1. Maud de Beachamp was born 1311, Warwick Castle, Warwick, Warwickshire, England; died 25 Jul 1369, Sawbridgeworth, Hertfordshire, England; was buried London, England.
    2. 14. Thomas de Beauchamp, Knight, 11th Earl of Warwick was born 14 Feb 1313, Warwick Castle, Warwick, Warwickshire, England; died 13 Nov 1369, (Warwickshire) England; was buried St. Mary's Church, Warwick, Warwickshire, England.

  9. 30.  Roger de Mortimer, 1st Earl of March was born 25 Apr 1287, Wigmore Castle, Wigmore, Herefordshire, England (son of Edmund Mortimer, Knight, 2nd Baron Mortimer and Margaret de Fiennes, Baroness Mortimer); died 29 Nov 1330, Tyburn, England.

    Other Events:

    • Occupation: Lord Lieutenant of Ireland
    • Also Known As: Baron Mortimer
    • Military:
    • Military: Despencer War

    Notes:

    Early life

    Mortimer, grandson of Roger Mortimer, 1st Baron Mortimer and Maud de Braose, Baroness Mortimer, was born at Wigmore Castle, Herefordshire, England, the firstborn of Marcher Lord Edmund Mortimer, 2nd Baron Mortimer, and Margaret de Fiennes. Edmund Mortimer had been a second son, intended for minor orders and a clerical career, but on the sudden death of his elder brother Ralph, Edmund was recalled from Oxford University and installed as heir. According to his biographer Ian Mortimer, Roger was possibly sent as a boy away from home to be fostered in the household of his formidable uncle, Roger Mortimer de Chirk.[2] It was this uncle who had carried the severed head of Llywelyn ap Gruffudd of Wales to King Edward I in 1282.[3] Like many noble children of his time, Roger was betrothed young, to Joan de Geneville (born 1286), the wealthy daughter of Sir Piers de Geneville, of Trim Castle and Ludlow. They were married on 20 September 1301. Their first child was born in 1302.[4]

    Marriage

    Through his marriage with Joan de Geneville, Roger not only acquired increased possessions in the Welsh Marches, including the important Ludlow Castle, which became the chief stronghold of the Mortimers, but also extensive estates and influence in Ireland. However, Joan de Geneville was not an "heiress" at the time of her marriage. Her grandfather Geoffrey de Geneville, at the age of eighty in 1308, conveyed most, but not all, of his Irish lordships to Roger Mortimer, and then retired, notably alive: he finally died in 1314, with Joan succeeding as suo jure 2nd Baroness Geneville. During his lifetime Geoffrey also conveyed much of the remainder of his legacy, such as Kenlys, to his younger son Simon de Geneville, who had meanwhile become Baron of Culmullin through marriage to Joanna FitzLeon. Roger Mortimer therefore succeeded to the eastern part of the Lordship of Meath, centred on Trim and its stronghold of Trim Castle. He did not succeed, however, to the Lordship of Fingal.[5]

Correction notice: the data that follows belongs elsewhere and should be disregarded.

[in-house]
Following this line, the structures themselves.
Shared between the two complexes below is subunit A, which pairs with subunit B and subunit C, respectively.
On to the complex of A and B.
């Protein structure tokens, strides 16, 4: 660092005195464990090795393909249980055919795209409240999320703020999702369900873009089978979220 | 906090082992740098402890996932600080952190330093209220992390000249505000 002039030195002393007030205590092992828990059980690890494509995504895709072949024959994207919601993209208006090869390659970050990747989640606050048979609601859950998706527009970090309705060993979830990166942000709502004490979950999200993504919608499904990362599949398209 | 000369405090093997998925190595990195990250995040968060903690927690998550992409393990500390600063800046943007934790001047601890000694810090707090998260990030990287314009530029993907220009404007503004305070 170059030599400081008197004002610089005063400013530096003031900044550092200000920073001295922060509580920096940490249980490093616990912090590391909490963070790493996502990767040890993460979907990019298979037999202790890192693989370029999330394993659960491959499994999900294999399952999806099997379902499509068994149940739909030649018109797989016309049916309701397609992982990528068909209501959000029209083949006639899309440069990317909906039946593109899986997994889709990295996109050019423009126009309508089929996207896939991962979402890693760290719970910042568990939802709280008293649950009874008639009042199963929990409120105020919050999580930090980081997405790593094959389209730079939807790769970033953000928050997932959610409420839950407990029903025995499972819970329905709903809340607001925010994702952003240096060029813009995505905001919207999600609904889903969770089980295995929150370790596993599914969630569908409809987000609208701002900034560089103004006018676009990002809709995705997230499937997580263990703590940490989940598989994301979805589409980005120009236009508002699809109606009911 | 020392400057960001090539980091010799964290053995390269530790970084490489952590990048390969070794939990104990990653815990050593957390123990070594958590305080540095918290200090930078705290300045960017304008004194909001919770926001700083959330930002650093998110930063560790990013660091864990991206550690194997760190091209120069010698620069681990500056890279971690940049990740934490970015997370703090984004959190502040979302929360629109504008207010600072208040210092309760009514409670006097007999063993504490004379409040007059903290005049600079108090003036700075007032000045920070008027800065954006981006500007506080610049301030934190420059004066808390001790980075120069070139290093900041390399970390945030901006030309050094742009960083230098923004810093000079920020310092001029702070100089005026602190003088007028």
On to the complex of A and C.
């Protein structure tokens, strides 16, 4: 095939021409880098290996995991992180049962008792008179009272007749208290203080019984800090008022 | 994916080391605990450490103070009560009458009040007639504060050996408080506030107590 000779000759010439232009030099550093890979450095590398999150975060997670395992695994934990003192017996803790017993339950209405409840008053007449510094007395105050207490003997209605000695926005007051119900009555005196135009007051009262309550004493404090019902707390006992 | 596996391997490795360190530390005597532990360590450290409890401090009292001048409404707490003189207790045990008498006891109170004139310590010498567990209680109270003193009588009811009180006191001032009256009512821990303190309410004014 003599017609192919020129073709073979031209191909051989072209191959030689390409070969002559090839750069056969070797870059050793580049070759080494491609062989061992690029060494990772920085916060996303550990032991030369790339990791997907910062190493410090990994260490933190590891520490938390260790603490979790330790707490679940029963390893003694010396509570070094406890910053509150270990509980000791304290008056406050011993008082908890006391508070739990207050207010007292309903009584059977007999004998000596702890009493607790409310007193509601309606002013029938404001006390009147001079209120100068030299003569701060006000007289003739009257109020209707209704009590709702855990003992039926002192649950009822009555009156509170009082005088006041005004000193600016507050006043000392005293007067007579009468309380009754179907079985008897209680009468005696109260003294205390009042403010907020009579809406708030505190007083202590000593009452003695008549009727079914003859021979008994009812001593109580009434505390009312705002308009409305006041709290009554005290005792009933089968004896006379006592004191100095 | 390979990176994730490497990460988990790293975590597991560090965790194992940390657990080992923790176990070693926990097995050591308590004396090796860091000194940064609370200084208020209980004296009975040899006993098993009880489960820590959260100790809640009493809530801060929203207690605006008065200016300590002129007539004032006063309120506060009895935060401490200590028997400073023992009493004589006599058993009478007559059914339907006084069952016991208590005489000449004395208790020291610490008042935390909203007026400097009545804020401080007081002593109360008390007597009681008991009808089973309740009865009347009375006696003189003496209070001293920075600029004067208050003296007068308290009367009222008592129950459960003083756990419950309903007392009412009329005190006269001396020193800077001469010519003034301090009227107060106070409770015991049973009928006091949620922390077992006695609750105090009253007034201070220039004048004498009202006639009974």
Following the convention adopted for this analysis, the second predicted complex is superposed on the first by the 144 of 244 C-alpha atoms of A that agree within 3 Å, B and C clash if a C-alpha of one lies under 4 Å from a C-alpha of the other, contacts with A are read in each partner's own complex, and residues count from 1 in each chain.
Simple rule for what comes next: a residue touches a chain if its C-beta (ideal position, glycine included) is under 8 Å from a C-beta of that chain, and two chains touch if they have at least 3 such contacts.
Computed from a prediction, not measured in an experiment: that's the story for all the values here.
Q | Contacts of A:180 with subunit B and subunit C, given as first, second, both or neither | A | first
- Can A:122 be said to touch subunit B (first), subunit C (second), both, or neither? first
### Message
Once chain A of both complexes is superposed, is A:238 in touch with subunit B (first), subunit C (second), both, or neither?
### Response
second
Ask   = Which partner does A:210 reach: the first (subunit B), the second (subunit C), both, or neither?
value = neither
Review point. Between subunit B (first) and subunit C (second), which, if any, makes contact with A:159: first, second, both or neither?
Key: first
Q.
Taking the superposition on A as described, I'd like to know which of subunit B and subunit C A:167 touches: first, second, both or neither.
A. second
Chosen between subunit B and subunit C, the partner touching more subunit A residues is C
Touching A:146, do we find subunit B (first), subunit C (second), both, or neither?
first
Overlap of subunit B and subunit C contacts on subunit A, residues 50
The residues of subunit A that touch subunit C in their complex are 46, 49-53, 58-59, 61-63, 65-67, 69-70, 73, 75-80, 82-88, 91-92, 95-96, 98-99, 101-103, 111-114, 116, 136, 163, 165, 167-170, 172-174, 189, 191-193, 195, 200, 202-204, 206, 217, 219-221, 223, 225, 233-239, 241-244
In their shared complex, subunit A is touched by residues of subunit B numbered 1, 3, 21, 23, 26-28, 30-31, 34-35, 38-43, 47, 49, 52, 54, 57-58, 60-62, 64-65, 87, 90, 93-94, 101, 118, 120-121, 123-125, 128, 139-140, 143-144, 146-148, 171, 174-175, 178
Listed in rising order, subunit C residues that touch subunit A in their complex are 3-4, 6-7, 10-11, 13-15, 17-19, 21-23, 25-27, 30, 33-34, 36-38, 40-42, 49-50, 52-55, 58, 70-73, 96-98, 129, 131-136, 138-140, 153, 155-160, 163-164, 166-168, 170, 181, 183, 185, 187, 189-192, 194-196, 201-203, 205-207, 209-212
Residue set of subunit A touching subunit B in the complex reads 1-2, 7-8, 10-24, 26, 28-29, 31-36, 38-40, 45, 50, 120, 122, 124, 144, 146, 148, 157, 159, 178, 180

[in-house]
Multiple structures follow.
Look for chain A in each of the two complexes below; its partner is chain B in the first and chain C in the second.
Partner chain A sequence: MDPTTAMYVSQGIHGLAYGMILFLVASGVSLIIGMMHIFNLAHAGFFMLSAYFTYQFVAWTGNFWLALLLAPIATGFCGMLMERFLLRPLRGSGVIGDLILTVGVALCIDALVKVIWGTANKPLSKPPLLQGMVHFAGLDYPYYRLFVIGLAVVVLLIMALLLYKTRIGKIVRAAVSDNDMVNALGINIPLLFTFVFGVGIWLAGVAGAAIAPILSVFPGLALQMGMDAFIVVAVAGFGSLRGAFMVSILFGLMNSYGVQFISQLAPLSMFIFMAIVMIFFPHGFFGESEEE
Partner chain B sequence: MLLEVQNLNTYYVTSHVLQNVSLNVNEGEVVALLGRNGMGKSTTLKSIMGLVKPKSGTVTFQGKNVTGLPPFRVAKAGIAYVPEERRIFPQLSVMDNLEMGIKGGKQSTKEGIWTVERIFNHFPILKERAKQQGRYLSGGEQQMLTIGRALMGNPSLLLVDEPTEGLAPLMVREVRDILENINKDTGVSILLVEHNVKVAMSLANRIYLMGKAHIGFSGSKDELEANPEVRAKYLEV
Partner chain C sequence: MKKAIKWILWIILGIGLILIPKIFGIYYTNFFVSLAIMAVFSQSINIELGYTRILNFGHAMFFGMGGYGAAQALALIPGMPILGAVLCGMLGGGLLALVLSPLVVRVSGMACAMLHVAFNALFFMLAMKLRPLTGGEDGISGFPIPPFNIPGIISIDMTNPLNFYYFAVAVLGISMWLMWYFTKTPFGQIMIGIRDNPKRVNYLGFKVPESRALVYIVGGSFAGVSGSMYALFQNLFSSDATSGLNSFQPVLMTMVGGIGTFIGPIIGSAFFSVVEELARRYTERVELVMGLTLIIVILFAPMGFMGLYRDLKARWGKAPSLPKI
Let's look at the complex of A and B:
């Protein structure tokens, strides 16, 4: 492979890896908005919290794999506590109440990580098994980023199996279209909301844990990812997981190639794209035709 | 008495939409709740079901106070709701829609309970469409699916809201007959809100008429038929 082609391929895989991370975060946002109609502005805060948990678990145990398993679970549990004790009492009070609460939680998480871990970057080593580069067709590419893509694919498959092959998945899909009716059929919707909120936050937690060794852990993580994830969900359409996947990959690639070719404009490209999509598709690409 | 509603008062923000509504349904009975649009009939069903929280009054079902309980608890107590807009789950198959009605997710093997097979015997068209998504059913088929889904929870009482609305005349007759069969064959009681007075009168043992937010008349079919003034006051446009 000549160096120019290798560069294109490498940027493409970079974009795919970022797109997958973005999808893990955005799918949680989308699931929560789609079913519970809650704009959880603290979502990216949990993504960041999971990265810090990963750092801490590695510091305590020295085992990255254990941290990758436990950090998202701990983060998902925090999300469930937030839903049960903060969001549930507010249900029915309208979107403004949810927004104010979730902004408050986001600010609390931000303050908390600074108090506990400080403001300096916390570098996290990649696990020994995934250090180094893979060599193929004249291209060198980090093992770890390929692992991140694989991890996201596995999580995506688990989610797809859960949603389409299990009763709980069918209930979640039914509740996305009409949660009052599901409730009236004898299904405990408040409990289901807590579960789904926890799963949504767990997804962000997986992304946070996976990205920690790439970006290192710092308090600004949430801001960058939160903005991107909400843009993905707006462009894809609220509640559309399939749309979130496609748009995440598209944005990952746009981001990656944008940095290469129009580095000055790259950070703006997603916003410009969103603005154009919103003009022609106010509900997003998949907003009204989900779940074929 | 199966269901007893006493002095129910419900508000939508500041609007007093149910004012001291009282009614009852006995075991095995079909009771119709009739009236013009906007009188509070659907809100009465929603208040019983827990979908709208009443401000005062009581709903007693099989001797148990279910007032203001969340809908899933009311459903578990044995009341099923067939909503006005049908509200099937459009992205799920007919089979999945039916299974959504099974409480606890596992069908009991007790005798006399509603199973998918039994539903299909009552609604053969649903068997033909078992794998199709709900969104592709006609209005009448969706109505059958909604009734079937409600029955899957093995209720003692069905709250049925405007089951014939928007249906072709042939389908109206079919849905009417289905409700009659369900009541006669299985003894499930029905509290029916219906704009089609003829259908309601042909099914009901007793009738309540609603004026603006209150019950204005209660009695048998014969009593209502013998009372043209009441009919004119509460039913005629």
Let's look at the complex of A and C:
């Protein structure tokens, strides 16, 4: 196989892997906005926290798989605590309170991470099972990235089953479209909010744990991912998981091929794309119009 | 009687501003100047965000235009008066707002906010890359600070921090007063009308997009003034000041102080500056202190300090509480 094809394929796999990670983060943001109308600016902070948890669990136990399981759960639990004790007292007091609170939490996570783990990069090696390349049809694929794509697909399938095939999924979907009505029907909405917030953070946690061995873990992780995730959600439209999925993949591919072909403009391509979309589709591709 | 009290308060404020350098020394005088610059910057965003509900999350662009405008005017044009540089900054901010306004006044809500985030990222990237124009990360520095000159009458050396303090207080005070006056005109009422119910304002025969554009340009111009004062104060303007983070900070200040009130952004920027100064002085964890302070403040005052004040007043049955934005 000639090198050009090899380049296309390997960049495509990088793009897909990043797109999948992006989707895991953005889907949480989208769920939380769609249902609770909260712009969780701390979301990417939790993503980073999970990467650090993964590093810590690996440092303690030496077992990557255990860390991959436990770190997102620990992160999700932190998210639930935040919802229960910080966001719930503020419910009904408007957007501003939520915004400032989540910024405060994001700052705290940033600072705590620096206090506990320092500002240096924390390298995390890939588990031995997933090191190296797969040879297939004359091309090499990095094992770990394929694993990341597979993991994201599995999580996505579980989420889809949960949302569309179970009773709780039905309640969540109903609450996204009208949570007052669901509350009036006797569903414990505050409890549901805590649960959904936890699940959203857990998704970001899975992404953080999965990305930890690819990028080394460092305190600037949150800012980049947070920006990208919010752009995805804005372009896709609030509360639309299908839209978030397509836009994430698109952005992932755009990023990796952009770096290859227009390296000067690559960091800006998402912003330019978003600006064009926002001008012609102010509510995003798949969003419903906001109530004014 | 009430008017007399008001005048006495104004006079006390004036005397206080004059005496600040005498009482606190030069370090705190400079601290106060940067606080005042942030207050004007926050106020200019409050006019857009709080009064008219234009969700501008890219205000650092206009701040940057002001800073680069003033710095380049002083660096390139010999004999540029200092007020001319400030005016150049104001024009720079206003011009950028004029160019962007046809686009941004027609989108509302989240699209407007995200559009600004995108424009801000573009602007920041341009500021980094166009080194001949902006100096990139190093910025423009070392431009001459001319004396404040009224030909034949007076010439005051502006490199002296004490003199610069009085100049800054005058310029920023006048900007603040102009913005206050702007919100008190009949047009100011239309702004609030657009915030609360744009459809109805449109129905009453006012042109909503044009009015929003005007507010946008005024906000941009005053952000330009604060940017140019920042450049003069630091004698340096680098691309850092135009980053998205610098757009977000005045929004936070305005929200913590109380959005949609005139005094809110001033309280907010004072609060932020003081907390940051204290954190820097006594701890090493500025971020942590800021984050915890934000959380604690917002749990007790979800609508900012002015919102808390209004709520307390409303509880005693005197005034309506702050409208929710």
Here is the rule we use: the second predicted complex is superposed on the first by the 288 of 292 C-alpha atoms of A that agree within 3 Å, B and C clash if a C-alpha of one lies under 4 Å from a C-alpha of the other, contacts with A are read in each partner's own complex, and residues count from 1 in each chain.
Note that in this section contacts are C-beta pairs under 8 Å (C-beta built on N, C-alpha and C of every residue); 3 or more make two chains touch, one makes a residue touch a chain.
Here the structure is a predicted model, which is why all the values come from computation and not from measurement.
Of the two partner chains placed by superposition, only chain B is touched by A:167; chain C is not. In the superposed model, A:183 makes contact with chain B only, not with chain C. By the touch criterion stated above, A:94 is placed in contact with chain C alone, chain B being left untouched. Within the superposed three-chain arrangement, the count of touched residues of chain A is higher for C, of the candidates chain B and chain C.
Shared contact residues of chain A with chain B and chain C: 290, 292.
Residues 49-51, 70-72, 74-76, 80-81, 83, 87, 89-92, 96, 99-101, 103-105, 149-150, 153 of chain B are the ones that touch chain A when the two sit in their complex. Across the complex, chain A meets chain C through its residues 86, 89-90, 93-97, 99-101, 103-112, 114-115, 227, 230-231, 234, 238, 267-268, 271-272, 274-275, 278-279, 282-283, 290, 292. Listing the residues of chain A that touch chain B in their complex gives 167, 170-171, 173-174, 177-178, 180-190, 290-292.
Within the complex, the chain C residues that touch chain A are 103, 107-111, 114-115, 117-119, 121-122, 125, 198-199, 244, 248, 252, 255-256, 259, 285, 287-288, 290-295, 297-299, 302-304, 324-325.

Military adventures in Ireland and Wales

    Roger Mortimer's childhood came to an abrupt end when his father was mortally wounded in a skirmish near Builth in July 1304. Since Roger was underage at the death of his father, he was placed by King Edward I under the guardianship of Piers Gaveston, 1st Earl of Cornwall. However, on 22 May 1306, in a lavish ceremony in Westminster Abbey with two hundred and fifty-nine others, he was knighted by Edward and granted livery of his full inheritance.[6]

    His adult life began in earnest in 1308, when he went to Ireland in person to enforce his authority. This brought him into conflict with the de Lacys, who turned for support to Edward Bruce, brother of Robert Bruce, King of Scots. Mortimer was appointed Lord Lieutenant of Ireland by Edward II on 23 November 1316. Shortly afterwards, at the head of a large army, he drove Bruce to Carrickfergus and the de Lacys into Connaught, wreaking vengeance on their adherents whenever they were to be found. He returned to England and Wales in 1318[7] and was then occupied for some years with baronial disputes on the Welsh border.